For its part, the US government was remarkably slow to respond to the threat posed by Hitler’s American friends and emulators. In fact, for much of the critical 1940–1941 period British intelligence was better informed, and clearer-eyed, about the activities and intentions of the American radical right than even the FBI. Recently declassified files at the UK National Archives reveal that the British Foreign Office and intelligence services kept close tabs on almost every anti-interventionist and pro-German group in the United States. The British embassy in Washington was so well informed about German plots that its officials turned over evidence to American counterparts who often had no idea what was going on under their noses. British intelligence operations in the United States were extensive and well-provisioned. In the years before the war, the British maintained a Secret Intelligence Service (MI6) station in New York City. In June 1938, this was foolishly shut down out of concern that its activities might lead to a diplomatic incident with the US. The British hoped the shutdown would generate goodwill from the US government and lead to a closer relationship with the FBI. However, little progress resulted and the British were now simply blind to what was taking place in the United States. As the war unfolded, it became clear to MI6 chief Sir Stewart Menzies that he would quickly have to reactivate intelligence operations in the United States.32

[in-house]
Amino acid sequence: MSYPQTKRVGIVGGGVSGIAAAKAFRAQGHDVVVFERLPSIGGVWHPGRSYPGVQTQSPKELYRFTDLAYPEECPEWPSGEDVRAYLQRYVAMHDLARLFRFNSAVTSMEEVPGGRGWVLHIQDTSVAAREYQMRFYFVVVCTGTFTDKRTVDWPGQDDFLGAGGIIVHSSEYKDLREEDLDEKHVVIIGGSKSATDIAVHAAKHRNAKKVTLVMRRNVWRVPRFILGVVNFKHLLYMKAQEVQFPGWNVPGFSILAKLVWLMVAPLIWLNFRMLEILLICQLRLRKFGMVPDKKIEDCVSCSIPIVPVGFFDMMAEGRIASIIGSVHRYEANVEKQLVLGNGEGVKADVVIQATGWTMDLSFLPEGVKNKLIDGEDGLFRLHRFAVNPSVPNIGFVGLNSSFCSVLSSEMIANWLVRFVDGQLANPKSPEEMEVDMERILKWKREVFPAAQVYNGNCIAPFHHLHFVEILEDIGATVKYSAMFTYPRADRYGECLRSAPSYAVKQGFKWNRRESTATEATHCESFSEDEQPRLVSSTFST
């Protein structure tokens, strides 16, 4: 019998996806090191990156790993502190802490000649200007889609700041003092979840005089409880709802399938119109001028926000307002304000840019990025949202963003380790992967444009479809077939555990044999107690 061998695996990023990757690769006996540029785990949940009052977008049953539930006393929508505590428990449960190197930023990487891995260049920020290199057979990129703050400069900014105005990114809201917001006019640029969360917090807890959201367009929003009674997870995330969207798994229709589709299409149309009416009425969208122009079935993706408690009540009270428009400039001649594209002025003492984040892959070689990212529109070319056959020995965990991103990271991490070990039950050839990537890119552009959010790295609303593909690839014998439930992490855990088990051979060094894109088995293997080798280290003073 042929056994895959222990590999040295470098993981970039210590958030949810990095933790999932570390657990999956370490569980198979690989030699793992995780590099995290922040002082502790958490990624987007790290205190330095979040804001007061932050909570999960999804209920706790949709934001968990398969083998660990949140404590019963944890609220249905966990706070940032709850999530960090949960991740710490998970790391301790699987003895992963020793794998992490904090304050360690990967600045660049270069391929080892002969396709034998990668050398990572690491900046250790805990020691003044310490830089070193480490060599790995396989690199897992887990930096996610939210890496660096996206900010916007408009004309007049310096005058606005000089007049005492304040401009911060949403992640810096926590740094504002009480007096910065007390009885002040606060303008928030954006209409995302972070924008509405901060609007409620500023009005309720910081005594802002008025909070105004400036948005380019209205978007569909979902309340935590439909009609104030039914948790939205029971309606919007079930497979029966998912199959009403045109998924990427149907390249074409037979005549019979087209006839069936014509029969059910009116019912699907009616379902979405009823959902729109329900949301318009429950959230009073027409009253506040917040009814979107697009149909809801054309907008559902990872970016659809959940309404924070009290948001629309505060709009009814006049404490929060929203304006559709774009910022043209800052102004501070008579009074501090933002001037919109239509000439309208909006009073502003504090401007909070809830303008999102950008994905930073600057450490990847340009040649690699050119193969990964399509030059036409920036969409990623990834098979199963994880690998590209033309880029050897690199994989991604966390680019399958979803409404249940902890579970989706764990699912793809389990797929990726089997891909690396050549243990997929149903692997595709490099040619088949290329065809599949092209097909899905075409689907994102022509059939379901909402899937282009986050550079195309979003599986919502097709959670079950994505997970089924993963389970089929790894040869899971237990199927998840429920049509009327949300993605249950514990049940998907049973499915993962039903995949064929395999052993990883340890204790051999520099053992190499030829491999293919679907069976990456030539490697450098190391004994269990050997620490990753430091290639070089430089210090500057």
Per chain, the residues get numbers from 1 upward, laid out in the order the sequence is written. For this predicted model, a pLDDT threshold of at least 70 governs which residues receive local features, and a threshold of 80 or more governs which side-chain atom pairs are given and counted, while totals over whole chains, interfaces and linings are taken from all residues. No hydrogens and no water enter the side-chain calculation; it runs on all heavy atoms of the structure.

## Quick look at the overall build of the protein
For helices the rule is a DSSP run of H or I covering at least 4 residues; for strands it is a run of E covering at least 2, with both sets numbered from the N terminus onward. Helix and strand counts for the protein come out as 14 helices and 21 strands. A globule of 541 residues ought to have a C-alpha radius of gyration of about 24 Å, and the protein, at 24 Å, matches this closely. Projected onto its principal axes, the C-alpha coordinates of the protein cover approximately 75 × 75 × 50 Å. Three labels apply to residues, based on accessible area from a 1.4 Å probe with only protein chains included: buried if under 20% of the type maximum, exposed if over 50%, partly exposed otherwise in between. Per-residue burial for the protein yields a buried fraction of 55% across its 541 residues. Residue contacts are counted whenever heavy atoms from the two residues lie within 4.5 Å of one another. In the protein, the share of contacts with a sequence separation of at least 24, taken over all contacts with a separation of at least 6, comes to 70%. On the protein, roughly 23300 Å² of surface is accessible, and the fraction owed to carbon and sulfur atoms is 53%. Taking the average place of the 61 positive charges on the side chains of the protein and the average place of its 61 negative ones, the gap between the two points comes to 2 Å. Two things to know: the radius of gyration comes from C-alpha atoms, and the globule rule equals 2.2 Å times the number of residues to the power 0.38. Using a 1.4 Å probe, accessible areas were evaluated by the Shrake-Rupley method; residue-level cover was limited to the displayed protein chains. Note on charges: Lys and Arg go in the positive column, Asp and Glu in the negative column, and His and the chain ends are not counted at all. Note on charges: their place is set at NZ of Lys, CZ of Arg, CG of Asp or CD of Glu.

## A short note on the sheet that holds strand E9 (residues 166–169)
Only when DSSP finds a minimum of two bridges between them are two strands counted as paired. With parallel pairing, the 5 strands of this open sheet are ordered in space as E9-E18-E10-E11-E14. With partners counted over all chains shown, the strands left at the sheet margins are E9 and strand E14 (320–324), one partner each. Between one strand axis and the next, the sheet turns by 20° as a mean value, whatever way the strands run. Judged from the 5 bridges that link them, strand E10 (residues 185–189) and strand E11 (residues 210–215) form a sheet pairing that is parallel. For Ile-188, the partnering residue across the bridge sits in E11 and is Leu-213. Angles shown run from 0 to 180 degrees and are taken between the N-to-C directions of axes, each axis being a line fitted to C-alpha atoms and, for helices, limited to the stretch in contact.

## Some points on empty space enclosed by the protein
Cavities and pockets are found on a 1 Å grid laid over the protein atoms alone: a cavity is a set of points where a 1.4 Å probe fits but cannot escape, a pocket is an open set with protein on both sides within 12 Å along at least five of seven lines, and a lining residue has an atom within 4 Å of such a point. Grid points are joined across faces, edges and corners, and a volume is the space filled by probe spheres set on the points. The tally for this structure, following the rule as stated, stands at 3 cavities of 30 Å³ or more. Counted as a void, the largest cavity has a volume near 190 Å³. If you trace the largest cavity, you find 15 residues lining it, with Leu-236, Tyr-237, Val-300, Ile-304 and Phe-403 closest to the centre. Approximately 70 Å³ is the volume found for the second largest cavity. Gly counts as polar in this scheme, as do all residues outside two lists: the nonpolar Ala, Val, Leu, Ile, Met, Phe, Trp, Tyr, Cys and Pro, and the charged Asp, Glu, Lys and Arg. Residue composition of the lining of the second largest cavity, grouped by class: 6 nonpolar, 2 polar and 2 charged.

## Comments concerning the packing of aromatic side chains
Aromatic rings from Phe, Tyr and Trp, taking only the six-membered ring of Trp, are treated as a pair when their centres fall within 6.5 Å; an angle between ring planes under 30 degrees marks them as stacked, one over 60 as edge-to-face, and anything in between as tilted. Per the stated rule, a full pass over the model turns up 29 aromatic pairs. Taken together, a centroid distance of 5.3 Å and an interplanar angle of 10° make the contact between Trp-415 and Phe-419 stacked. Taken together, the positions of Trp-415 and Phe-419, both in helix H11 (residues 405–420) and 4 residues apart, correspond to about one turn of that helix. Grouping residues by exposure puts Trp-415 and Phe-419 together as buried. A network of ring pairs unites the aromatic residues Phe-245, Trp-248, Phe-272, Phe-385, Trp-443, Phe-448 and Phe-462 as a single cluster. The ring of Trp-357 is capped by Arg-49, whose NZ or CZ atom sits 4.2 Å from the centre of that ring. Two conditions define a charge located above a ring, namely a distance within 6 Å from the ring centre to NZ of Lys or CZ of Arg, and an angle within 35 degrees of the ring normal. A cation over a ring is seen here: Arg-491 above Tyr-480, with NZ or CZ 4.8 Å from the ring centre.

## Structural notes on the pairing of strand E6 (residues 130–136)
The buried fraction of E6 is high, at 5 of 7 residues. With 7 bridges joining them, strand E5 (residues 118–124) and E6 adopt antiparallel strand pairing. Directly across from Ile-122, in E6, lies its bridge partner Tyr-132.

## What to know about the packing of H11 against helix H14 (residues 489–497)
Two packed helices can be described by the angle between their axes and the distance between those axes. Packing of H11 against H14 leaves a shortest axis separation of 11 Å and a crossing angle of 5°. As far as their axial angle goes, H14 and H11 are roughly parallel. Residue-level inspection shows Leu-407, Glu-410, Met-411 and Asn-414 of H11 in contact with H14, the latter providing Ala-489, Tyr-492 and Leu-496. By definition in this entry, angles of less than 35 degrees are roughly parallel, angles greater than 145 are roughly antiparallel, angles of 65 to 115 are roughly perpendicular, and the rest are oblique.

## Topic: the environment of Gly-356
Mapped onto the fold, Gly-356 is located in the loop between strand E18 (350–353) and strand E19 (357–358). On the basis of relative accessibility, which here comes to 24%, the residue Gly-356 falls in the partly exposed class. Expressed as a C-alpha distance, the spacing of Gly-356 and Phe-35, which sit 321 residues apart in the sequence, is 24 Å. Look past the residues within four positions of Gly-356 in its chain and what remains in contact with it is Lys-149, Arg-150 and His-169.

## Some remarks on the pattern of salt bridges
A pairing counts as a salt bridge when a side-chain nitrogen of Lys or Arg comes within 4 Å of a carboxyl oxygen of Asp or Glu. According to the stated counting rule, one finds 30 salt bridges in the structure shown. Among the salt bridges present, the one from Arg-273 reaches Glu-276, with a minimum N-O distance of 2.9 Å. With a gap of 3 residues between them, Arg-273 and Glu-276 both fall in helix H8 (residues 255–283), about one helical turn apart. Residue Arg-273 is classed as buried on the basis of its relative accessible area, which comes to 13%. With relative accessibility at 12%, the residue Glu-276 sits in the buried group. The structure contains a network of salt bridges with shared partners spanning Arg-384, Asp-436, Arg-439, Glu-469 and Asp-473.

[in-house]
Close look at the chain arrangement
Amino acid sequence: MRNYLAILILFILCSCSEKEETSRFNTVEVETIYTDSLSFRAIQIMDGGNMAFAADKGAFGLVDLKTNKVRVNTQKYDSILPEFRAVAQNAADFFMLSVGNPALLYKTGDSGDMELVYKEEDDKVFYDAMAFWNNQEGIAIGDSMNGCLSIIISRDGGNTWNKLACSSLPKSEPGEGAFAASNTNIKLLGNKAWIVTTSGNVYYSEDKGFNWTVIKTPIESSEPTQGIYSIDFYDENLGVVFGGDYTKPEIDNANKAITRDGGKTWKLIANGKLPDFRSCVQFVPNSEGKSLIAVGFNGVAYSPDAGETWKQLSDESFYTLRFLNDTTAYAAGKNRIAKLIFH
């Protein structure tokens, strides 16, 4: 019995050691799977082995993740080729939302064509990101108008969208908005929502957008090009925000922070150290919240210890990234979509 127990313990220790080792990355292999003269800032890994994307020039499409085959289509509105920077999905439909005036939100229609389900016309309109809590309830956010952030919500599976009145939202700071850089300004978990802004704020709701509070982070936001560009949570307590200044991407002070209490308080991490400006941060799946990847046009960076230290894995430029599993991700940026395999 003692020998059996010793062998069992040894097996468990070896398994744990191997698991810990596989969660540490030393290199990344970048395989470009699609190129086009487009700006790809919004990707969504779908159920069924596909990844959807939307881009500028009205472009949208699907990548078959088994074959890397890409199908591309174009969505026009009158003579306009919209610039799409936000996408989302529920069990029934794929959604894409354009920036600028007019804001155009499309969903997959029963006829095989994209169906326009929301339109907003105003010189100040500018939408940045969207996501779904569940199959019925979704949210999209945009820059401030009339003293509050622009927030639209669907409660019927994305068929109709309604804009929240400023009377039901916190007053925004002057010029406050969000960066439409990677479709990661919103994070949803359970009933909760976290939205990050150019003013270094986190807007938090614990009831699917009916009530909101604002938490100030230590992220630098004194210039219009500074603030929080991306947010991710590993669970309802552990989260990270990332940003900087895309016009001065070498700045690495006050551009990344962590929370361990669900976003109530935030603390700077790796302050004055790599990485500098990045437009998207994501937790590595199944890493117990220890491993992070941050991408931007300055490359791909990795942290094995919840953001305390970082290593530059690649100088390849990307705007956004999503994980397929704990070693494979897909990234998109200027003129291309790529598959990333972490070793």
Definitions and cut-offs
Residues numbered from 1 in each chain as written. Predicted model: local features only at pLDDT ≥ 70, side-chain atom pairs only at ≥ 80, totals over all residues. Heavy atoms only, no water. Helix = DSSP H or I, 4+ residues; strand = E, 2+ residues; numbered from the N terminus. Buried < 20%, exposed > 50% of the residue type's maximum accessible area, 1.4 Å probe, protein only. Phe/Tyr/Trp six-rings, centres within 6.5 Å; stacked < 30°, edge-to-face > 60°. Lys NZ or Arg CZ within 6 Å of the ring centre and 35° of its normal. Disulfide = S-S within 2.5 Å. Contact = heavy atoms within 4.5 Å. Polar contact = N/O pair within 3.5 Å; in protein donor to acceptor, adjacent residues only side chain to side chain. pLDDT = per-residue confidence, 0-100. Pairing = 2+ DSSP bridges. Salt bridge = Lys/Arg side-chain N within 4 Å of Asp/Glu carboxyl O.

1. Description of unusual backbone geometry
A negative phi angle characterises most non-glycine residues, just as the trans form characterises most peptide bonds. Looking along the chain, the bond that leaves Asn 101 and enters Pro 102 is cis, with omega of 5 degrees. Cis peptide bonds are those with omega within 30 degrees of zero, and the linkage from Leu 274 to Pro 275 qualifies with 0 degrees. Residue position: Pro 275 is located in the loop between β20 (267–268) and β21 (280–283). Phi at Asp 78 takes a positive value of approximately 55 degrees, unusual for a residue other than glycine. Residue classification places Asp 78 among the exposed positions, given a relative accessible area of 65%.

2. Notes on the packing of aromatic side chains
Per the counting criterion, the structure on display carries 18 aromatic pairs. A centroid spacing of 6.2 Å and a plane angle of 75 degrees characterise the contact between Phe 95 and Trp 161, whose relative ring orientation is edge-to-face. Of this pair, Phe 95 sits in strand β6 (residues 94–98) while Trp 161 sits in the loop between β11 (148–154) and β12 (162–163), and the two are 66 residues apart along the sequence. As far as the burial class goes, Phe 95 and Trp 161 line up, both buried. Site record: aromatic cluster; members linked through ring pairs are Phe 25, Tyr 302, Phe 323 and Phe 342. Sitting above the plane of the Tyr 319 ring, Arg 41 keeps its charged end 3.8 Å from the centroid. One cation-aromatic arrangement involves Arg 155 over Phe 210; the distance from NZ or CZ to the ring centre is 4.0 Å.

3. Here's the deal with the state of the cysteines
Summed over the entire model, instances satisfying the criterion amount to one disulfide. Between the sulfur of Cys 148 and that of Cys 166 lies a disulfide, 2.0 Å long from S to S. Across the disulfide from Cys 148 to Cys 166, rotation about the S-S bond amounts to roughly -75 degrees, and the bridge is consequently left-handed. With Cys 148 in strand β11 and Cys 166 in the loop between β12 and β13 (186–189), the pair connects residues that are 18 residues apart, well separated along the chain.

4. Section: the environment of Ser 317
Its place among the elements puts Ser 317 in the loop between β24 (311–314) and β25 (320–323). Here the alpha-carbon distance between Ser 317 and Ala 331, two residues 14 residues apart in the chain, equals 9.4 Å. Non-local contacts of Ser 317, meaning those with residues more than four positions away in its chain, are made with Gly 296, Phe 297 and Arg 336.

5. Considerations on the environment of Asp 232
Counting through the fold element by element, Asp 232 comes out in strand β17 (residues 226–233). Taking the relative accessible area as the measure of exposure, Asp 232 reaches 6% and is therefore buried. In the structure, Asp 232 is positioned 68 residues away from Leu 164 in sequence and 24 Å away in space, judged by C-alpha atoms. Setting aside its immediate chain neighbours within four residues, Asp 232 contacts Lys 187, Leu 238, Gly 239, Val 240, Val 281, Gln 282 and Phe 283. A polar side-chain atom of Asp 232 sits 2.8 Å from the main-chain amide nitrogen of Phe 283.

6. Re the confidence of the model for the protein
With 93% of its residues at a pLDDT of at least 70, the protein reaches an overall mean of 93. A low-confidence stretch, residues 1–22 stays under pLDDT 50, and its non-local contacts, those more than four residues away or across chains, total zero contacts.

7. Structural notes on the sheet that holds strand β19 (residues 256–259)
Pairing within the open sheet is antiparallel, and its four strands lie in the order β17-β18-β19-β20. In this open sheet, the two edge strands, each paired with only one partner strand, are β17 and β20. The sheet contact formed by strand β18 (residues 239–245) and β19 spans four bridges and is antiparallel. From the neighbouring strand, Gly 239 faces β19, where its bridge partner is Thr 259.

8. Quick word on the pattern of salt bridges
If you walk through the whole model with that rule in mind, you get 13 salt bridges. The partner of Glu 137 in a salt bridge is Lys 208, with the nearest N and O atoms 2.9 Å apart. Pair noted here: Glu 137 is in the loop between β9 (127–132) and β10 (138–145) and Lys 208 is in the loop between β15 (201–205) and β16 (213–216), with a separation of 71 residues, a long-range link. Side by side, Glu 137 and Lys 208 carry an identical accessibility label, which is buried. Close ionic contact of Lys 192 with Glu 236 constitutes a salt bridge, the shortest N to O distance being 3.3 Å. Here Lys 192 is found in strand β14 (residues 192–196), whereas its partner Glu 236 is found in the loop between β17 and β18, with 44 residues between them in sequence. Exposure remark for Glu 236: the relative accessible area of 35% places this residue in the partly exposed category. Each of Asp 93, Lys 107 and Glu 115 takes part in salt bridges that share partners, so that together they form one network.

In June 1940, Canadian-born British intelligence officer William Stephenson arrived in New York City. On paper, Stephenson was taking up the role of passport control officer, and would mainly be involved with issuing visas and other bureaucratic tasks. In reality, this was the usual diplomatic cover held by the MI6 New York station leader. Stephenson’s real mission was to secretly conduct intelligence and propaganda operations in the United States while avoiding diplomatic incidents. He set up an office on two floors of a Rockefeller Center building under the name of a front company and began recruiting agents. British Security Coordination (BSC), as his operation was known, became massively successful in gathering intelligence from German and Italian embassies in the United States, unraveling German plots and disseminating pro-British narratives to the American public through a network of sympathetic journalists and even a commercial radio station.